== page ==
I would suggest none of church commentators on energy, divestment (or fracking) have, or had, any involvement with mineral extraction or energy. Two Christian geologists of my acquaintance who have worked in mineral extraction independently told me that so many Christians have no idea where their minerals or fuel actually comes from. Most people are unaware that they have to be forced out of the ground whether through open-cast mining as for Lithium for renewables, or blasted from underground mines as for much copper (to make that personal I worked in a copper mine and a mine captain conned me into going into a stope about 15 metres by 3m by 4m, just as blasting was taking place. I also once got Carbon Monoxide poisoning because of his shoddy leadership.) Compared to that the extraction of oil and gas is relatively benign!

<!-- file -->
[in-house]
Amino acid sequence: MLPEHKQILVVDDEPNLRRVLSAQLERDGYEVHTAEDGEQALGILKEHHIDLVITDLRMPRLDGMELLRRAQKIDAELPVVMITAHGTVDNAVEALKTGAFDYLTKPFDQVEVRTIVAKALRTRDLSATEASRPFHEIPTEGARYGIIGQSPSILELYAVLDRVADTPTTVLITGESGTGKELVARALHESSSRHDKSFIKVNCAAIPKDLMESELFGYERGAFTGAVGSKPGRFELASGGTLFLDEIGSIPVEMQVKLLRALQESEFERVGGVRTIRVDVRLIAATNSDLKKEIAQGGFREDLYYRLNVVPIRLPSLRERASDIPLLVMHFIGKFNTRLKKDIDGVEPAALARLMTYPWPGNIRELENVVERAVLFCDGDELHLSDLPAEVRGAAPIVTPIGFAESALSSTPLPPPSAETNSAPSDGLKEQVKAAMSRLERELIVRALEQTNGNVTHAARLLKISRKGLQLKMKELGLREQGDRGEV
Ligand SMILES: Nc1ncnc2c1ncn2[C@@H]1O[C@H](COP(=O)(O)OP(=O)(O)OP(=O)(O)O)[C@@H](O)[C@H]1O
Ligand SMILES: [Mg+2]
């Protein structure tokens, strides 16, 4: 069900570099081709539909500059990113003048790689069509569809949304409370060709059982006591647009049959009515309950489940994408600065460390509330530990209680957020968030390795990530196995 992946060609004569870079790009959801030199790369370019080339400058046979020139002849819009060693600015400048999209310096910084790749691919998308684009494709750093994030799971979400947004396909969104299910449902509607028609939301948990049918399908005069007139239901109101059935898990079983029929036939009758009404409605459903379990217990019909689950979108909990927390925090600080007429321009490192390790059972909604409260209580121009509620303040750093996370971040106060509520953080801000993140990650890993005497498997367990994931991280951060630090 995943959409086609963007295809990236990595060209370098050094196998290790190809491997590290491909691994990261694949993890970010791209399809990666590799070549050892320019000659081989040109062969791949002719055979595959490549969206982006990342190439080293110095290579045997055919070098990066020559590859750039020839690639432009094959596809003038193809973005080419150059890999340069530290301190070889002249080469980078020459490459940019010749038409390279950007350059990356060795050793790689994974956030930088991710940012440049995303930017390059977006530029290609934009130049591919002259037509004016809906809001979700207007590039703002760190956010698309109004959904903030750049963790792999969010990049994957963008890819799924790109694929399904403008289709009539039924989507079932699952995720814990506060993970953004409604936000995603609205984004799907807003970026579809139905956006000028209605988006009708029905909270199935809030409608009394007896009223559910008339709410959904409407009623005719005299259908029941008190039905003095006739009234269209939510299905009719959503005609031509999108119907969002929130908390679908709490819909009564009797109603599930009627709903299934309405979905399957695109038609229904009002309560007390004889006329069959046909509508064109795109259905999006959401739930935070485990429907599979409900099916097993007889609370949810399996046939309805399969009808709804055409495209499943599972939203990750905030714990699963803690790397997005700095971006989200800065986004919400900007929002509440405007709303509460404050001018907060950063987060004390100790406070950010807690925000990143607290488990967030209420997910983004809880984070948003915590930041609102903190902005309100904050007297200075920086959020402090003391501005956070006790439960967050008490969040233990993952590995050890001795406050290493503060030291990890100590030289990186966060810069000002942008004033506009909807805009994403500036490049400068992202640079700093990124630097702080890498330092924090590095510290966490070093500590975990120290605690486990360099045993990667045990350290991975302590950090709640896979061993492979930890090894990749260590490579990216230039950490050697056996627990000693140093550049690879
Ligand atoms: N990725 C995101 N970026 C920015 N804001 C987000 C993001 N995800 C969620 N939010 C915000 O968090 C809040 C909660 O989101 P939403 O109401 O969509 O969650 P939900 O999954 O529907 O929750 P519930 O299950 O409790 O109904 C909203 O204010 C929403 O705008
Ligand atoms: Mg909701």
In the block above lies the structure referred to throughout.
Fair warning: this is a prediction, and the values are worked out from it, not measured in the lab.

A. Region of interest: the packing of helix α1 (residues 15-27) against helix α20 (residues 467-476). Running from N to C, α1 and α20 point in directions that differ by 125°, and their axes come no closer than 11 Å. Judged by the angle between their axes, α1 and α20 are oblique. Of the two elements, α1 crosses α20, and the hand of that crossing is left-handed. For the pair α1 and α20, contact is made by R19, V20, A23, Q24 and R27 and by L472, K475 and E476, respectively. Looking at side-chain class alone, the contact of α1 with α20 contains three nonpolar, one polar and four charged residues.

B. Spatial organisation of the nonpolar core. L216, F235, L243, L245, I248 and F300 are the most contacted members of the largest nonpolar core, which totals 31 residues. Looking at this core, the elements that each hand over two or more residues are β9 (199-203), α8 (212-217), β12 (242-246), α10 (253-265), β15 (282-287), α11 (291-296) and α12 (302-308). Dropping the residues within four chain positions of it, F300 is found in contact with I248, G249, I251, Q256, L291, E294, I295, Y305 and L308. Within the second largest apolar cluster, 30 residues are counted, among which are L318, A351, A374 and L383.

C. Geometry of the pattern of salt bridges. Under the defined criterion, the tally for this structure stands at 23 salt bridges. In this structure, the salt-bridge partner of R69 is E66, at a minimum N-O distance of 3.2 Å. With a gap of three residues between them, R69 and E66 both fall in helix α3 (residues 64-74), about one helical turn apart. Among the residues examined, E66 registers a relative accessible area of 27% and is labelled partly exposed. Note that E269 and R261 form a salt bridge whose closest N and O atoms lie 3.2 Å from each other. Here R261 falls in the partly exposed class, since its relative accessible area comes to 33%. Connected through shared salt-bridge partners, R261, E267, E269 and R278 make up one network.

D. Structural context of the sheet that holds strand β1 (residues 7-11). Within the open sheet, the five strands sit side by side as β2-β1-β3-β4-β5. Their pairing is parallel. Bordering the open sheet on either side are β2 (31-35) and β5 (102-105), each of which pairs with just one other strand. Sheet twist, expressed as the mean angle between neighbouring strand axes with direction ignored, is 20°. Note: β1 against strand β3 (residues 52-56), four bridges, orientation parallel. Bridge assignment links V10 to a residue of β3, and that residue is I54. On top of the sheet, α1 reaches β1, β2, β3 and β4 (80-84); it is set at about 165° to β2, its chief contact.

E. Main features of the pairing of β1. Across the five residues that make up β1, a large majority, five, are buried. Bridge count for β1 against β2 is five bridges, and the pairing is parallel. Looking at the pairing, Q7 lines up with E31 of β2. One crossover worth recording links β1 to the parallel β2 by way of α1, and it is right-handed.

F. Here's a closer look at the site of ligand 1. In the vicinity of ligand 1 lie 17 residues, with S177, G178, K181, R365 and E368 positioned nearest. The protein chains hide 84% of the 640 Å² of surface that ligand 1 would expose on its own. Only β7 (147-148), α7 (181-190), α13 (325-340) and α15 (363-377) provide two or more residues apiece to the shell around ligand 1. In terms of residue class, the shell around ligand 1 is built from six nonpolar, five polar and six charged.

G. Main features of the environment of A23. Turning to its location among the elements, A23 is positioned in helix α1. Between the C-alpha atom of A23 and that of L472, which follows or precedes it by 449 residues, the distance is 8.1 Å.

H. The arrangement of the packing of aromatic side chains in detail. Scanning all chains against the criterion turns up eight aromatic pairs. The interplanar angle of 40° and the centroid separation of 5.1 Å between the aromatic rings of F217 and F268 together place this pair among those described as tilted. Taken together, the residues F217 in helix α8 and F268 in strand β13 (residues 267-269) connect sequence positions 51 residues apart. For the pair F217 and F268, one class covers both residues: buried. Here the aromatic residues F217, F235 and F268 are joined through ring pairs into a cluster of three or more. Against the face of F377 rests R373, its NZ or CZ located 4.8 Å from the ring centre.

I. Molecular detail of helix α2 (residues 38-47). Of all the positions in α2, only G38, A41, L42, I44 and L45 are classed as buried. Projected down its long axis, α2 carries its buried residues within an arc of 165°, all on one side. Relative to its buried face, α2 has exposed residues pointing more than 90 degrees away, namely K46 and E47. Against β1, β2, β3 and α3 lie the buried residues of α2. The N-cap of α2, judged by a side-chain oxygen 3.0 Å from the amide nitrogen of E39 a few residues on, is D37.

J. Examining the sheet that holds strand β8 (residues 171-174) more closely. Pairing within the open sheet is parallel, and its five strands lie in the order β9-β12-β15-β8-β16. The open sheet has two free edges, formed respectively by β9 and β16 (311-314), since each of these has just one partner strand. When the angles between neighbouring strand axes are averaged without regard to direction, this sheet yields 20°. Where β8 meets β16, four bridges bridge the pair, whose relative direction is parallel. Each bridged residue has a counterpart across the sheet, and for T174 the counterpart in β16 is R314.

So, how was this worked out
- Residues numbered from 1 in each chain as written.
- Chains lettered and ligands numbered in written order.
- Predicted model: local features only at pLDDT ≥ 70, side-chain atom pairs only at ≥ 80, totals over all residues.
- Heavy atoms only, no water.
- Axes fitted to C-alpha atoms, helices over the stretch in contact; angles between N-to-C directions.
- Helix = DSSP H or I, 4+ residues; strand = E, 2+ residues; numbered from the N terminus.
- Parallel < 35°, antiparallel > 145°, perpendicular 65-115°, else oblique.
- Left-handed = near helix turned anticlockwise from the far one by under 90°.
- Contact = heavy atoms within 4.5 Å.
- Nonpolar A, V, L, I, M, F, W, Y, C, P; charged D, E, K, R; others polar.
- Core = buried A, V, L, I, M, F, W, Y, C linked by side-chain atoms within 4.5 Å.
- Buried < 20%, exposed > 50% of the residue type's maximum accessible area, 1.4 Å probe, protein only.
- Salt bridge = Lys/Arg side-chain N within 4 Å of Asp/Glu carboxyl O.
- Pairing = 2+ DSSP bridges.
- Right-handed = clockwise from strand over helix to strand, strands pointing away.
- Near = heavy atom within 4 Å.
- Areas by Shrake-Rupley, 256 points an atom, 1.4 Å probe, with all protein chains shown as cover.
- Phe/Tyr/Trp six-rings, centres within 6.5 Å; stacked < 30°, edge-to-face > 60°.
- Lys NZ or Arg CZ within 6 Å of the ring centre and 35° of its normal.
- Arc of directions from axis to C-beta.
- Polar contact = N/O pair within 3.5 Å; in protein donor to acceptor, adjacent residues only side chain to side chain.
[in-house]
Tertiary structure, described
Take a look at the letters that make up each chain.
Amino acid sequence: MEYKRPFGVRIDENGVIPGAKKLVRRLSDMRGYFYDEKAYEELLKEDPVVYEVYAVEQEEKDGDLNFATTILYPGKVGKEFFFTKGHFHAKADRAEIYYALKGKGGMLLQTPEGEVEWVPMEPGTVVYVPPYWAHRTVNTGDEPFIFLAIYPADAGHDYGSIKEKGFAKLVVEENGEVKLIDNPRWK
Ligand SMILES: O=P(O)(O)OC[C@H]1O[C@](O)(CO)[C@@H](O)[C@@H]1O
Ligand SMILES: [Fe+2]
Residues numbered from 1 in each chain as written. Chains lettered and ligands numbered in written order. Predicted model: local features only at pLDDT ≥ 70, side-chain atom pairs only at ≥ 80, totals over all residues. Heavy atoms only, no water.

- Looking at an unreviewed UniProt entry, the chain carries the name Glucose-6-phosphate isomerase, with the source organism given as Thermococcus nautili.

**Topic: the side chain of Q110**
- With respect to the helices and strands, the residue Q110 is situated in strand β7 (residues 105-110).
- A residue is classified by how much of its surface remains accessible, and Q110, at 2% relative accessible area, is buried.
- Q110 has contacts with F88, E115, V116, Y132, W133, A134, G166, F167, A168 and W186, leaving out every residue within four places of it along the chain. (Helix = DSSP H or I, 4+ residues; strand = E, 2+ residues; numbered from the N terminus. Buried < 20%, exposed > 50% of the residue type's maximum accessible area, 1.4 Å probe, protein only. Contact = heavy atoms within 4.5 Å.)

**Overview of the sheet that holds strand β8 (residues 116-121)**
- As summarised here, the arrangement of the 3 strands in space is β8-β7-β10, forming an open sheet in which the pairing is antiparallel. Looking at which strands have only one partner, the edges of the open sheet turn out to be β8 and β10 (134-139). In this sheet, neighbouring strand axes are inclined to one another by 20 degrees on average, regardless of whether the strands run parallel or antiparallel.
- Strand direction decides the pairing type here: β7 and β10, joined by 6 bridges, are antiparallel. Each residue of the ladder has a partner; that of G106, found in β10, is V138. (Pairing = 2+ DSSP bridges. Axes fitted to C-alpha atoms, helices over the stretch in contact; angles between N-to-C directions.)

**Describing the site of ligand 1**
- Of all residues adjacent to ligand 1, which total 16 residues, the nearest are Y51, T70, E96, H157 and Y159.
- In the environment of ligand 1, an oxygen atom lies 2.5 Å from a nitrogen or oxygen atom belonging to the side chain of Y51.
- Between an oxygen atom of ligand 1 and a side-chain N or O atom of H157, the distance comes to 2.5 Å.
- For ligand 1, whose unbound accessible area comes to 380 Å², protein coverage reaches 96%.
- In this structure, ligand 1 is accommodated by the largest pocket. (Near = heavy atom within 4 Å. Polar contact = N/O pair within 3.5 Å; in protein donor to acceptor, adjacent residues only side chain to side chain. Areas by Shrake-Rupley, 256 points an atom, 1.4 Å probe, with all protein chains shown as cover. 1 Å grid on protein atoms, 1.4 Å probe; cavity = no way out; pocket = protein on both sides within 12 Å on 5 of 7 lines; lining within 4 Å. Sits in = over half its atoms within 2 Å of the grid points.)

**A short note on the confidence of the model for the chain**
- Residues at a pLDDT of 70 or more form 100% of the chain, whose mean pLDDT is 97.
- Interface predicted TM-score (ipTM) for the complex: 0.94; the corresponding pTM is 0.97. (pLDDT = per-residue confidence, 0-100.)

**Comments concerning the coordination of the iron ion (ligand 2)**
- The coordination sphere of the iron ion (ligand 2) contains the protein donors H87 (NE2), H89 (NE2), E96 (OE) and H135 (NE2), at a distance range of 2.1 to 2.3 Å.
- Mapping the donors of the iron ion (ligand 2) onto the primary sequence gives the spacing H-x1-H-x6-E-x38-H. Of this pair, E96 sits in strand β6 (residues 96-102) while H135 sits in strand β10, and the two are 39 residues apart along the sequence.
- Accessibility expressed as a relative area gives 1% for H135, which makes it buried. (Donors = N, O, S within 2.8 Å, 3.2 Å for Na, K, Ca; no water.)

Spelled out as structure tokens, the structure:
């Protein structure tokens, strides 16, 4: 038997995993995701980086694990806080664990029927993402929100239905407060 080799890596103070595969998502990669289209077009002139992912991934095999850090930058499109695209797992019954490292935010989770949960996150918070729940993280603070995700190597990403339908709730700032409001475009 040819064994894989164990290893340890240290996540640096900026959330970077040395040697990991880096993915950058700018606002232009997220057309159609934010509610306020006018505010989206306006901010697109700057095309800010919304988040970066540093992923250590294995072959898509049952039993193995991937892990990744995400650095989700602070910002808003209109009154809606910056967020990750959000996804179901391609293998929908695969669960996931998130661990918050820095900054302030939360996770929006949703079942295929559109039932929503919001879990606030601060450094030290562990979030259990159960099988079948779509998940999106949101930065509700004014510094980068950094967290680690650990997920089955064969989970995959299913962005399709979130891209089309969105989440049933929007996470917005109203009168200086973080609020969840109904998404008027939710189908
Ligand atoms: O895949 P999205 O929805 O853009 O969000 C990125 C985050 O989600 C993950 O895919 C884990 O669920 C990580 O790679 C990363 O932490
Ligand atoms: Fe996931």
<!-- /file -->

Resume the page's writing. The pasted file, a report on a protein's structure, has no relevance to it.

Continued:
Of course, the reply will be an appeal for “clean” energy. there ain’t no clean energy , it is all dirty, whether through opencast mines for Lithium, the great expenditure of energy to build the turbines, not to mention the large holes needed for a base for a turbine.

turbinebldg

I enjoy showing that photo as I am usually told it is a fracking site!! I dread to think of the damage to peat bogs on our upland areas, where turbines are placed

Similar attitudes are to be found in the churches’ environmental project Ecochurch , which expects ecochurches to opt for a clean renewable supplier.  http://ecochurch.arocha.org.uk/how-eco-church-works/ 

I am aware that I am going against the contemporary environmental thinking of the British churches, but I was convinced that the environment needed caring for way back in the 60s after reading Rachel Carson’s Silent Spring.  It was reinforced by working for a mining company in Africa, both in a mine and in exploration, and for many decades have attempted to lead a life more sympathetic to the environment. Perhaps my time in mining made be both wary of polluting, unsustainable industry AND the need to provide our material needs.